Other fastener configurations are taught in U.S. Pat. No. 5,713,705, issued to Carl Grunbichler on Feb. 3, 1998, in which the high profile head portion is formed with a narrow portion creating a torque limiting effect in which the upper half of the head portion can separate from the lower half. A fastener with compound recesses in the head portion is disclosed in U.S. Pat. No. 6,302,632, issued to Chao-Wei Lin on Oct. 16, 2001, could provide increased spin-out torque resistance with the convoluted head recesses, but would suffer substantially from localized stresses in the plastic material if utilized in an insert molding process due to the sharp angles formed in the head portion. A particularly formed sidewalk bolt is disclosed in U.S. Pat. No. 6,682,283, issued to Gregory Mann, et al on Jan. 27, 2004, although the rounded head would provide little resistance to spin-out torque in an insert molding utilization. A compound, multiple part fastener used for mounting hybrid composite access panels is depicted in U.S. Pat. No. 5,569,008, issued on Oct. 25, 1996, to John Chapkovich.
Accordingly, it would be desirable to provide an improved fastener configuration that would be particularly effective in utilization with insert molding processes, while providing high spin-out torque and pull-out force values with minimal localized stress in the plastic material encapsulating the portion of the fastener.
It is an object of this invention to overcome the aforementioned disadvantages of the known prior art by providing a fastener that is configured for use in insert molding processes.
It is another object of this invention to provide a fastener that provides maximum spin-out torque and pull-out force values when insert molded into a plastic component.
It is a feature of this invention that the fastener has a circumferential land area on the underside of the head portion.
It is an advantage of this invention that the circumferential land portion improves stud pull-out resistance.
It is another feature of this invention that the head portion of the fastener incorporates a contoured shape to improve spin-out torque resistance.
It is still another feature of this invention that the underside of the head portion of the fastener is formed with a square face to improve spin-out torque resistance.
It is yet another feature of this invention that the shape of the head portion of the fastener has rounded corners to reduce localized stresses in the plastic material encapsulating the head portion.
It is another advantage of this invention that the rounded contours of the head portion of the fastener is compatible with molding processes to permit the plastic material to flow around and encapsulate the head portion.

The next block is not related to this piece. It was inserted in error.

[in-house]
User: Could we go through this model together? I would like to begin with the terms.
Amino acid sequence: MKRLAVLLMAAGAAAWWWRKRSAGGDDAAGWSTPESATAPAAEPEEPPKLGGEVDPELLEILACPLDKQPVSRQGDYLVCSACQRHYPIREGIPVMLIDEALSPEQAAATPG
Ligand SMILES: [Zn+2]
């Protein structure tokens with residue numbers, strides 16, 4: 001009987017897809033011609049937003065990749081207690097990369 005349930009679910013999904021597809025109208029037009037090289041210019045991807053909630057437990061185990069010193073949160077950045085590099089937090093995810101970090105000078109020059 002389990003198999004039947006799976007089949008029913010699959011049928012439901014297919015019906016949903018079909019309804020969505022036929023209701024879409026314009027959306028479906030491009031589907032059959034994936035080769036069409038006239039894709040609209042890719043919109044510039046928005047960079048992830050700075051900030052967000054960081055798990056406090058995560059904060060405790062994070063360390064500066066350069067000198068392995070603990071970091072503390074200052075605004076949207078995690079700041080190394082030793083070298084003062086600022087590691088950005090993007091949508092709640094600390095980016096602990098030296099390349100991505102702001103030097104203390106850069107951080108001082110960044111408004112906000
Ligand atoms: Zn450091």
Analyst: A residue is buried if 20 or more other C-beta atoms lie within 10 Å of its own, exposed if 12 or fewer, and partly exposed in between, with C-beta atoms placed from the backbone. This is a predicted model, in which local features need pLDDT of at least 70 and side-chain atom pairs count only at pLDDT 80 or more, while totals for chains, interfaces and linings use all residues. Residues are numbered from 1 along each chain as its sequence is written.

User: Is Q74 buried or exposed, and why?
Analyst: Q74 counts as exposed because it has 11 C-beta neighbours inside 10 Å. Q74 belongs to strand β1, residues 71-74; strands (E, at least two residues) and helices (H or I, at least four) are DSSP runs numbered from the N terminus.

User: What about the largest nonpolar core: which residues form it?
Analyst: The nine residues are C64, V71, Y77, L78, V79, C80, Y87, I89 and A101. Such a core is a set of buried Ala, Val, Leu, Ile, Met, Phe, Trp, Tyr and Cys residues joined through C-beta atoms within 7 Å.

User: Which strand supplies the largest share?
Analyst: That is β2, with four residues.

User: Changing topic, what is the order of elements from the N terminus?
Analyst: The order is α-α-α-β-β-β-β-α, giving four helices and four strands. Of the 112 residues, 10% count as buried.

It is still another advantage of this invention that the top surface of the head portion is convoluted in shape to provide improved engagement between the fastener head portion and the plastic material encapsulating the head portion in the molding process.
It is still another object of this invention to provide a stud fastener that is highly acceptable in insert molding processes.
It is yet another feature of this invention that the head portion of the fastener has a low profile for use in insert molding processes.
It is yet another object of this invention to provide a fastener for utilization in insert molding processes for manufacturing plastic components that is durable in construction, inexpensive of manufacture, facile in assemblage, and simple and effective in use.
These and other objects, features and advantages are accomplished according to the instant invention by providing a fastener configured for use in the manufacture of molded plastic components that will be subsequently attached to other components by the fastener. The low profile head portion of the fastener has a rounded contoured and convoluted top surface to facilitate the flow of plastic material around the head portion during the molding process. The underside of the head portion is formed with a square face surrounded circumferentially by circumferential land surfaces that provides a high pull-out force resistance for the fastener. The square face on the underside and convoluted top surface of the head portion provides a high spin-out torque resistance without sacrificing the pull-out force resistance. The rounded edges of the head portion are compatible with molding processes to allow the flow of plastic material to fully encapsulate the head portion within the molded plastic component.
The advantages of this invention will become apparent upon consideration of the following detailed disclosure of the invention, especially when taken in conjunction with the accompanying drawings wherein:
Referring to the drawings,
The head portion 20 has a lower part 25 and an upper part 30. Each of the upper and lower parts 25, 30 is preferably about three millimeters in height (measured in relation to the axis of the shank 15) to provide a low profile head portion 20 that will encapsulate in conventionally molded plastic components. Blow-molded plastic components are formed typically with a thickness of three millimeters of plastic. Accordingly, forming the two parts of the head portion 20 with vertical heights of about three millimeters provides satisfactory encapsulation of the head portion 20, as will be described in greater detail below.